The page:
There’s a very simple reason why the foreign-owned companies don’t pay their workers as much: they’re based in states that make it very difficult to organize unions. This isn’t the free hand of the market or some organic, inviolate phenomenon. There’s nothing ‘natural’ about it. It’s simply a result of the lack of bargaining power for workers.

So why aren’t progressives (well, never mind them…)….so why aren’t liberals responding by asking why do U.S.-located Japanese car factories pay so poorly?

Comments

  1. #1 Dan
    December 11, 2008

    The point of the article was that the big difference in costs were legacy costs- the money that goes to retirees. Foreign-owned companies have been manufacturing in the US for much less time, so they have fewer retirees and hence lower legacy costs. Q.E.D.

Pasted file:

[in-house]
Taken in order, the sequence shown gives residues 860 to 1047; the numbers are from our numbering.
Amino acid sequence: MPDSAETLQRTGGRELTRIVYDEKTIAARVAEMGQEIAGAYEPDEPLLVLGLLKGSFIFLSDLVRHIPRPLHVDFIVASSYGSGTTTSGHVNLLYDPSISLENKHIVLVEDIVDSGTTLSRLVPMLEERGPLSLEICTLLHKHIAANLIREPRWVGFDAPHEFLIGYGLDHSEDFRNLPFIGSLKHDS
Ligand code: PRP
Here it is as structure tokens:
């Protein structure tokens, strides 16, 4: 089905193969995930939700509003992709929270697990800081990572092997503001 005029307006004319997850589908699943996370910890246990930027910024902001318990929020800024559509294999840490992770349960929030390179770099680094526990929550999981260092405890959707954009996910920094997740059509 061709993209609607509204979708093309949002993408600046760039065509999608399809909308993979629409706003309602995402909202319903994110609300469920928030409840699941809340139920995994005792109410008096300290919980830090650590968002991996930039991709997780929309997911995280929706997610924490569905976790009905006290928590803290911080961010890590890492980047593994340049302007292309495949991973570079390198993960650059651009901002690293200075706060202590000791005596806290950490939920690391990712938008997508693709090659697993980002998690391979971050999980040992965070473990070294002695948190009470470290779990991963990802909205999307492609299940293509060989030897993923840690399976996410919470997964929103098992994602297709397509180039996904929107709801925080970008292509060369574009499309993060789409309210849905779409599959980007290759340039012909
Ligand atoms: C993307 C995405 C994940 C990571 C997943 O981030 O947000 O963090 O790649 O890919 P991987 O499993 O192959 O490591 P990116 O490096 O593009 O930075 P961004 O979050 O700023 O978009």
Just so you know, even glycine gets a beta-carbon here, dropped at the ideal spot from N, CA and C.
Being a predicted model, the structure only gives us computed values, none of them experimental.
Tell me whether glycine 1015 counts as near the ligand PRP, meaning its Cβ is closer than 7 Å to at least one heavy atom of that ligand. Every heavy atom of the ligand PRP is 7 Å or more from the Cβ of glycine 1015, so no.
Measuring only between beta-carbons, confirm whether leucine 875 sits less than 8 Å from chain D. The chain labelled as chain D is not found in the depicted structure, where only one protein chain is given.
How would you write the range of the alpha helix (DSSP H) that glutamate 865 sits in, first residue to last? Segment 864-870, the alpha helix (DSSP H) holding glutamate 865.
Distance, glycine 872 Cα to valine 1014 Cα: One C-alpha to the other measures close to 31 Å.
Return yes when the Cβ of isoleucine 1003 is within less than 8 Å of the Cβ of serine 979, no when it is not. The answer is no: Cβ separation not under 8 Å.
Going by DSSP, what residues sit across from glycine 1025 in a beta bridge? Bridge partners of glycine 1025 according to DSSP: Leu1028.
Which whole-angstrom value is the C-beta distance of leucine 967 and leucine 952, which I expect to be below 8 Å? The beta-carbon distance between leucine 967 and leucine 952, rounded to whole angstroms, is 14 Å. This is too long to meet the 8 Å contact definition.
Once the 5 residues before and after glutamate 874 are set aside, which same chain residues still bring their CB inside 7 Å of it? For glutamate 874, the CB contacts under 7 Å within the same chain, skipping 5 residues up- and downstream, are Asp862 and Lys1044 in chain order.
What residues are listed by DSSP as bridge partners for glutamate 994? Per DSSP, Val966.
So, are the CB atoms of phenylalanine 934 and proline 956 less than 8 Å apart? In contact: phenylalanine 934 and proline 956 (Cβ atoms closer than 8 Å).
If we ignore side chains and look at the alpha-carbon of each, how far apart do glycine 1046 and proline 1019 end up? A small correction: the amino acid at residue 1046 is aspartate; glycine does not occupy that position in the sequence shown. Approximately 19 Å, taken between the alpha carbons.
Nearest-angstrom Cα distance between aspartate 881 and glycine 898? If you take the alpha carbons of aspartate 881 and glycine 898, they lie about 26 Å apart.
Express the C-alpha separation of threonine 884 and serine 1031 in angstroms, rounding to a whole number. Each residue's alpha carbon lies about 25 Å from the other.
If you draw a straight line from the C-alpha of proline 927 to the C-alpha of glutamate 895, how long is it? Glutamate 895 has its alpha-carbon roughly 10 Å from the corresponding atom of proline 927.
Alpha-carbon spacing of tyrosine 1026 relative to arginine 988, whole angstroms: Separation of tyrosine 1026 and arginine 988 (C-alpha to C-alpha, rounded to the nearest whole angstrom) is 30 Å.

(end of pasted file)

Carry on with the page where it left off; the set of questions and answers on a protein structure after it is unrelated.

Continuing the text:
2. #2 Becca
    December 11, 2008

    Does this mean Toyotas will cost more in another 20 years when they have legacy costs to pay?
    Will Korea (or someone) come along and start up new car companies and undercut the Japanese in 20 more years?
    Or did the lack of proper unionization prevent that?

  3. #3 Dunc
    December 11, 2008

    Looking at the graphic, the main difference (excluding legacy costs) is in “wage related” costs – vacations, overtime, and out-of-hours pay. It’s entirely possible that the foreign-owned firms simply use less overtime and out-of-hours work (possibly by dint of employing more people). I’m not saying this is the case, I’m just saying that you can’t know based on the information available here. There is also the possibility that the foreign-owned firms use less skilled labour and more automation.

    To answer the question properly, you’d need to look at what equivalent workers earn for equivalent work, rather than simply divying up the total bill by the number of employees.

  4. #4 Kevin